Believe it or not, you CAN grow fruiting trees indoors. They won’t necessarily fruit but you can still enjoy their beautiful foliage!
Fruit Tree 1 – Figs (Ficus carica)
Some varieties of the common fig can be grown indoors. ‘Black Genoa’ or ‘Brown Turkey’ are varieties especially suited to containers.
Keep your fig in a well lit room.
They have a magnificent shaped leaf and the branches can be pruned in whatever shape you like – or let them get long and spindly, what ever suits your taste.
Your fig may sucker (grow a new plant from the root). If it does, remove suckers throughout the growing season and pass them on to a fig friend to propagate, or just let them grow.
Ideally use a good quality potting mix with added aged cow manure. The mix needs to be able to hold water but have good drainage. Manures high in nitrogen like poultry manure will make them grow faster with more leaves if you can bear the smell!
Keep the tub mulched to help retain water and to keep the roots cooler in the summer.
Photo by Another Ballroom (via Riazzoli)
Fruit Tree 2 – Olives (Olea sp.)
Olives can also be grown indoors in a sunny place. The soft grey-green colour of leaves look fantastic with all the earthy shades that are fashionable right now.
Make sure you select a small cultivar for your pot – consider Olea arbequina. Make sure they have plenty of drainage and use a loam-based compost mix for the pot.
Olives need regular watering (so don’t let them dry out) and feeding in the warmer months and in winter only water when the top inch of soil is dry.
Don’t fret if the tree should drop its older leaves in Spring – this is normal.
Scale insect is sometimes a problem, so keep an eye out for shell-like bumps on stems and the underside of leaves and treat with a non-toxic horticultural oil.
Photo by AlissaSueK
Fruit Tree 3 – Avocados (Persea americana)
The humble Avocado is a ripper to get the kids interested in plants. It’s super easy too.
After demolishing the delicious fruit ( hopefully with some toasted sourdough and a smear of goat’s cheese) remove the pip.
Give it a gentle wash leaving the brown shell on and then fatter end down, insert 3 tooth-picks into the top third of the seed so it can sit with it’s bottom in a glass of water.
Use a glass so you can watch the progress & make sure to change the water weekly to avoid bacteria & mould.
Be patient, it can take from a couple of weeks to a couple of months for the seed to start growing a tap root followed by a shoot from the top of the seed.
Once it is about 15cm high, gently pot the seed with some rich humus potting mix in a 25cm diameter wide pot in a sunny position.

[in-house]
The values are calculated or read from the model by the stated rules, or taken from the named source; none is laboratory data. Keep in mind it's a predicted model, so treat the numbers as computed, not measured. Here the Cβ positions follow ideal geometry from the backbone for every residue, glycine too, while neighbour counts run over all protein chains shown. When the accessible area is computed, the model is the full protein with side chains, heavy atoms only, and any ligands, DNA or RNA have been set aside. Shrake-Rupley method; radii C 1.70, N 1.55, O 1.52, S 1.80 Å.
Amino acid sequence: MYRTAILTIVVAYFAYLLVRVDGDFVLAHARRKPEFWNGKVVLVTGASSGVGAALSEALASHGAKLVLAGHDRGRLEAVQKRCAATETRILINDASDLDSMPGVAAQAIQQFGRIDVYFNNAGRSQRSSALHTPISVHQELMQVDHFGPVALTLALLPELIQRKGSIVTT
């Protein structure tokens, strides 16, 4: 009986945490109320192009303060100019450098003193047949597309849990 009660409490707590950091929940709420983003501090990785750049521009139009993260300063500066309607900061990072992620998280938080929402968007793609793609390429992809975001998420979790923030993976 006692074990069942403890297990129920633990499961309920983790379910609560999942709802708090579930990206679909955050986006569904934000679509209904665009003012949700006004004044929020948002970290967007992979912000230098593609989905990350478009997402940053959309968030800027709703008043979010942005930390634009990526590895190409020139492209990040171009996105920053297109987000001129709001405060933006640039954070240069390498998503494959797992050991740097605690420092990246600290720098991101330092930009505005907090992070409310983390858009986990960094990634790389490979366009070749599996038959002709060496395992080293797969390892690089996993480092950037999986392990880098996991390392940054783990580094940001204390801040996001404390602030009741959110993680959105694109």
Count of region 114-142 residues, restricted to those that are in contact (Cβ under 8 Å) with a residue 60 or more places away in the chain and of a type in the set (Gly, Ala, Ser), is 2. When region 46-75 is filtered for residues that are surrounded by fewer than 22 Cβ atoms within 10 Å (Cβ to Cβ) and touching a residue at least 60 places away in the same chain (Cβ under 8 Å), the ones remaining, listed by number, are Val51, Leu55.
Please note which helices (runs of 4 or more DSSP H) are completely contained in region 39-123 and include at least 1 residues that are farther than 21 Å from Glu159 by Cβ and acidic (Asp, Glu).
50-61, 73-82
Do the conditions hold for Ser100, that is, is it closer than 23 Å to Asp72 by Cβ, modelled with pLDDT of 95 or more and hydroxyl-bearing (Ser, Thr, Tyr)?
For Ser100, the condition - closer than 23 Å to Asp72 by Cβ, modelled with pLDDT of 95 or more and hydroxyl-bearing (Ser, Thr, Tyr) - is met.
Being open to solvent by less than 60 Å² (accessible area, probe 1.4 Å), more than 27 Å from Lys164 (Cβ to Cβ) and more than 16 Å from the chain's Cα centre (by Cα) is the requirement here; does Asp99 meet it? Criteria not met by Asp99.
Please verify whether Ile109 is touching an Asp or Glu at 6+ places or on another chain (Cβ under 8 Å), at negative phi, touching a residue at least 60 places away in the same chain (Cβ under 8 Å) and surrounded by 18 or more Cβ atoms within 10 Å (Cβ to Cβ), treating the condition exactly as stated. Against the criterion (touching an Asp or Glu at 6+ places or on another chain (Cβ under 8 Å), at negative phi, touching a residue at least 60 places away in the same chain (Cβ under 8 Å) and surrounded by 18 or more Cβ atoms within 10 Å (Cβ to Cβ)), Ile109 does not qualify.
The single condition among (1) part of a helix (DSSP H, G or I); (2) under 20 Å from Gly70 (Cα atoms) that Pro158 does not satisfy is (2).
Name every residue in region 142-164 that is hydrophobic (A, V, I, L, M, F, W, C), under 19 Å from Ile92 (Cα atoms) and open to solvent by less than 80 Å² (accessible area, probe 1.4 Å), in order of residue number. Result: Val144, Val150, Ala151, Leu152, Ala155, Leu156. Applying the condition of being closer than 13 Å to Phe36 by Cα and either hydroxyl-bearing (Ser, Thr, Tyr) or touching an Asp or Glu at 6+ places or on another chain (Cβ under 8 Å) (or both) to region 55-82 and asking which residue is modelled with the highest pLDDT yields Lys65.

Photo: Karen Yates
Fruit Tree 4 – Lemons (Citrus limon)
Try a dwarf variety – a plant that is grafted onto special rootstock that prevents the tree from growing too large. Citrus meyer ‘Dwarf Lemonicious’ is a beauty.
Again, grow it in the warmest and brightest possible place and it may even reward you with fruit as they are self-polinating.
If you are really keen you can give them a hand by gently using a small paint brush or bird feather. Simply touching each flower with the tip of the paint brush to gather the pollen, then brush each stigma (the sticky centre part of flower) the with it in turn.
Lemons need regular watering and feed your tree every three weeks with a high-nitrogen fertilizer made for citrus. Feed half as often in Autumn and winter.
Citrus are vulnerable to scale, spider mites, mealybugs, and aphids. Be on the lookout for curled, speckled, or yellowing leaves, sticky residue and silky webs between the branches.
Use insecticidal soap or horticultural oil, to combat pests as needed.
photo by Joannawnuk
Fruit Tree 5 – Mulberries (Morus nigra)
Yep – last but not least, the tree known for its sweeping heights and boughs grand enough to support folk picking its delicious berries, can be grown inside.
Select a dwarf variety – Red Shahtoot is a good one – and pot in a container with good drainage a third of the tree’s height.
Use excellent compost and potting mix and a slow release fertilizer every 6 months. Mulberries prefer warmth and lots of indirect light.
Your mulberry tree will need re-potting every two years to replenish nutrients in the potting mix.
Pruning the tree each year will help control its growth and pruning the roots when re-potting will assist with both size control and the health of the tree.
Mildew, leaf spot, and root rot can be a problem. By ensuring proper drainage and avoiding over watering, you can prevent these problems.
Top Indoor Fruit Tree Growing Tips:
Growing fruiting trees inside can be a rewarding pastime. They will not grow as fast as they do outdoors so be patient.
To get the most of your indoor fruit trees
- Always use good quality potting mix. If you are not sure, ask your nursery staff
- Make sure you allow for adequate drainage
- Feed & water often
- Re-pot every couple of years to refresh potting mix
- Keep your indoor fruit tree in as much light as possible.